Under a blood moon, that was how Tara went down in the end. The old chestnut mare sure knew how to make an exit. She knew how to do most things, having lived 35 years entirely on her own terms.
The builder boyfriend and I stood speechless in the field afterwards, marooned in that strange moonlight. Then the other two horses, standing by the round bale a few feet away, did something I shall never forget. Seconds after she passed, Darcy and Grace put their noses together and breathed.
Perhaps they felt her spirit leaving, perhaps they wanted to comfort each other. Either way, they were perfectly silent, touching faces with a wonderful sort of grace.
If you believe animals still have the instincts that have been blunted in us, then you will believe me when I say they processed Tara’s death in a way that rescued me.
I knelt down in the dark and said a prayer. I don’t think the builder boyfriend was up for touching noses, though he did put his arms around me. I saw the headlights at the field entrance and that was alright too.
‘Was it a nice horse?’ the man with the lorry asked. Nice? The word hung in the air. A smile spread across our faces.
In fact, her show name was Twice As Nice. What an irony. When she came off the lorry, I asked a friend to test ride her and her verdict was ‘Hmm, a bit on the forehand’. That was an extremely polite way of describing her total and utter refusal to take any form of direction from a rider, even steering.
I look back on her life and wonder how on earth I survived it. She was a tank of a horse, fierce and relentless. Few stayed on apart from me, because somehow she let me on her.
She didn’t buck so much as handstand. Aside from the fearless who could sit it out, there are still people out there having physiotherapy from trying to ride her.
I learned how to land on my feet, like pole vaulting. She could make you weep with terror. But every now and then, usually while on a big ride, she came together and the ride was awesome.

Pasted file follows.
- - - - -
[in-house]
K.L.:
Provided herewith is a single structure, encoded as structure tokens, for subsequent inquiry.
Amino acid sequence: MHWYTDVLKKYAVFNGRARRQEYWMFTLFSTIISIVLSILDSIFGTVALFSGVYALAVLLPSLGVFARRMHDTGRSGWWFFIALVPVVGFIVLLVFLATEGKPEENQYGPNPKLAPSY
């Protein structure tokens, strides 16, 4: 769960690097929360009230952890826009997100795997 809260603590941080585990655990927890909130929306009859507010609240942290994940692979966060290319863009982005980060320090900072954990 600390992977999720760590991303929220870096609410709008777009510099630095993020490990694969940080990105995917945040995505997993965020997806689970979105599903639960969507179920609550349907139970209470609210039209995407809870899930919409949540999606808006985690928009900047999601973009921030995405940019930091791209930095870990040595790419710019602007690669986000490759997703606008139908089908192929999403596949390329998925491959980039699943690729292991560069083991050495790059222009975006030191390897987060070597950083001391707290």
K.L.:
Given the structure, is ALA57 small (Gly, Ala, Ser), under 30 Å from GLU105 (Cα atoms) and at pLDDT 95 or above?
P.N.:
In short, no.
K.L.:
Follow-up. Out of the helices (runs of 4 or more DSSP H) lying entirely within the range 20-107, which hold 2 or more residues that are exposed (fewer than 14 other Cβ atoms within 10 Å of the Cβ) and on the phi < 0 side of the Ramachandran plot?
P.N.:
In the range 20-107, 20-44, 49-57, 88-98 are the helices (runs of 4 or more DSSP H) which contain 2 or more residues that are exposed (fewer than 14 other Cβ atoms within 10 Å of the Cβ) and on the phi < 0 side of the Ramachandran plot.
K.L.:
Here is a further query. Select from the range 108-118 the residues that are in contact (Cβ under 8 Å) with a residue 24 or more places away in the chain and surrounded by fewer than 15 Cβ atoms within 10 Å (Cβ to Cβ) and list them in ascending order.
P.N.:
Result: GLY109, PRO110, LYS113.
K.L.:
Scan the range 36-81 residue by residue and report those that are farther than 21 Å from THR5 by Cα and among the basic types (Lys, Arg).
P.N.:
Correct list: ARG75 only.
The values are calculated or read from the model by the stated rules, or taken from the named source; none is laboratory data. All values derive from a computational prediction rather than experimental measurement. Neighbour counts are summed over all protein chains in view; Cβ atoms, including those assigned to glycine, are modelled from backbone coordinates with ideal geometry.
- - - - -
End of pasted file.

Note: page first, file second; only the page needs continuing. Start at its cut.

The last day out I had on her was one of our best, thundering over a deserted cross-country course that was empty because it was raining. I will always remember her like that, the feeling of power beneath you was incredible.
She was emotional in a way that was as baffling as it was comical. I once had to be rescued from a hack when she went mad on Effingham Common. Hissing like a cat, tail in the air, she became so hysterical I had to get off and call for help. It took two friends walking with me and another driving a car in front with the hazard lights on to slow traffic to get us back to the stable yard.
She bit heads, stamped on feet, and from her stable at the end of the block guarded the tack room better than a dog. She could come at you with both ends if you annoyed her.
She once rather rashly bit a chunk out of the top of the keeper’s head. I have a scar where her teeth went through my hand by accident after she lunged at a passer-by while I was feeding her a Polo Mint. But she was affectionate sometimes too.
That was the head spin. You never quite knew which Tara was going to turn up.
Among the many curve balls she dealt was her strange liking for my boyfriends. She always let random squeezes have a go on her for unknown reasons. I think it amused her.
She had a great sense of humour. She would jump the field fences back and forwards for fun or, when tired of organising the mares in her own paddock, would leap into the next-door paddock and boss the ones about there before jumping back.
Being contrary in all things, she loved being behind. The pleasure of sitting on the tail of a lead horse chasing them down was her favourite thing.
She was tough, one might have almost said indestructible. I’m so privileged to be able to say that she didn’t know a day of pain, even though, God knows, she caused enough torment.
She was ferocious, she was violent, she was cunning, she was bad-tempered, but she was above all things loyal. She would chase anyone who went near me away.
She and I rubbed along just fine for longer than I have known most people. I know she loved me, and she knew I loved her. The rest was just Tara being Tara.